2. “[Formulating] a way to quantify how many jobs at graduation map onto full-time professional jobs that require a law degree…Unknown may also be treated as 100% unemployed rather than the current 25% presumption of employment. Such changes would have the law schools scrambling to report better numbers in higher weighted categories rather than just finding ways to goose up the employed-at-graduation and employed-at-9 months figures.  Remember that Bob Morse explicitly endorsed the Law School Transparency movement.”

Are you convinced?

I’m not, but I won’t cry if proven wrong. When Morse says “modification,” I don’t think he means “significant punitive reweighting.” I believe as ever that U.S. News picks winners and not losers. In other words, it will never give a law school a vote of no confidence, nor will it allow its fourth tier to bulge.

Readers, take note: The flipside to “cynical” is “strategic,” and that’s the motivation I attribute to U.S. News and the law schools (sounds like I have a name for my next garage band), and hey, if law school professors can speculate, why can’t I?

U.S. News is caught in a rare and beautiful thing: a trilemma. It wants to sell magazines and maintain its credibility. To that end, it can’t let the law schools game its rankings lest it publish numbers the public won’t take seriously; it can’t ask law schools questions they’ll refuse to answer; at the same time it wants the law schools to take its rankings seriously enough that they’ll compete over them. While it’s reasonable to believe Bob Morse wants transparency for moral reasons, he doesn’t want to take up the spear himself lest he alienate more law schools into employment data noncompliance. Recently, he said he wants the ABA to make transparency happen and won’t directly ask for more from the law schools. His support of LST is similarly strategic because it can take the rejection that U.S. News prefers not to shoulder. Nor did he flippantly title a blog post, “LSAT Will Still Be Weighed Heavily in Law School Rankings.” For these reasons, I doubt that any law schools will find themselves in the “Unemployment Factory” tier on the Ides of March.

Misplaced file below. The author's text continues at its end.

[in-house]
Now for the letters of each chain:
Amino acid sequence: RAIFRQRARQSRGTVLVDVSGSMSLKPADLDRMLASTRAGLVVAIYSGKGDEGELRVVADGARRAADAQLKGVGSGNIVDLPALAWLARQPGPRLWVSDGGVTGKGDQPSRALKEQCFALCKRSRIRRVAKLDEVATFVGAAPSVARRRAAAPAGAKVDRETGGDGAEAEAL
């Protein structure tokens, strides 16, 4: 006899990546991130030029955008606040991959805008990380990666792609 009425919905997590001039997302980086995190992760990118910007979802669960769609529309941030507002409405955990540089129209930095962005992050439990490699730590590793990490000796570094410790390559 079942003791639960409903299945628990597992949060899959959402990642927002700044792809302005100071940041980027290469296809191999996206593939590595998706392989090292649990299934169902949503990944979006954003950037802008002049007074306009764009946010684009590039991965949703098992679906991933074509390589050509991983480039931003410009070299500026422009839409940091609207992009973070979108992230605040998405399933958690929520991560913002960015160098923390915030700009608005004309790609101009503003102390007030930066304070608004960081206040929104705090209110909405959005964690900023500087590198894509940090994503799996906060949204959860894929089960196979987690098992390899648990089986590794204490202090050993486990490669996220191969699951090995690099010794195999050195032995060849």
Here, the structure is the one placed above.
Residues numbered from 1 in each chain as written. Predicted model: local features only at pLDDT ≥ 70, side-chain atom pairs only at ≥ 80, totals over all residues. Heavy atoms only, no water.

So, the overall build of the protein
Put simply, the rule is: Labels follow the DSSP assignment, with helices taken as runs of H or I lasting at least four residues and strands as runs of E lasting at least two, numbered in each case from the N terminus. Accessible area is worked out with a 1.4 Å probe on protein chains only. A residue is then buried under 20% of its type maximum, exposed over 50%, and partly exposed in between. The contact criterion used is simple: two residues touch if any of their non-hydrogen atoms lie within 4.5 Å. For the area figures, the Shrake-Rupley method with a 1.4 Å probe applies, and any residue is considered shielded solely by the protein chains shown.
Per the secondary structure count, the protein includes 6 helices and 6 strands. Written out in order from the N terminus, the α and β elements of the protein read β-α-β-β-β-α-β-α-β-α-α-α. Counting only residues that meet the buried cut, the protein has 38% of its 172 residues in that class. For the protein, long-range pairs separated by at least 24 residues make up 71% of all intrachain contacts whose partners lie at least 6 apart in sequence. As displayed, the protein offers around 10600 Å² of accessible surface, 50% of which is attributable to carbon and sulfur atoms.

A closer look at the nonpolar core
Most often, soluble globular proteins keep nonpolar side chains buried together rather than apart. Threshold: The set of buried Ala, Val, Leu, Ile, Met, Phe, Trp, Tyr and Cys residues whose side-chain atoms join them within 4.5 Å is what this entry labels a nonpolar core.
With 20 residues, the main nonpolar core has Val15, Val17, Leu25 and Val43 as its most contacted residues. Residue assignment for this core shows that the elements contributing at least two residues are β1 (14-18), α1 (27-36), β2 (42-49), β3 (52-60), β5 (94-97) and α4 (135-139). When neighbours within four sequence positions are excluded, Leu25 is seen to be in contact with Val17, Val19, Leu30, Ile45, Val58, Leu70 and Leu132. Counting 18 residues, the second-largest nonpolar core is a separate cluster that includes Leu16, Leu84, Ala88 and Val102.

Indeed, the letter U.S. News editor Brian Kelly sent to the law schools that Morse reproduced for our entertainment stated quite clearly:

The main responsibility to gather data and implement quality standards lies with the ABA, which also accredits law schools. For whatever reason, it appears that some schools do not treat the ABA reporting rules with the seriousness one would assume. We understand that the ABA is working toward the creation of tighter, more meaningful standards, which seem promising.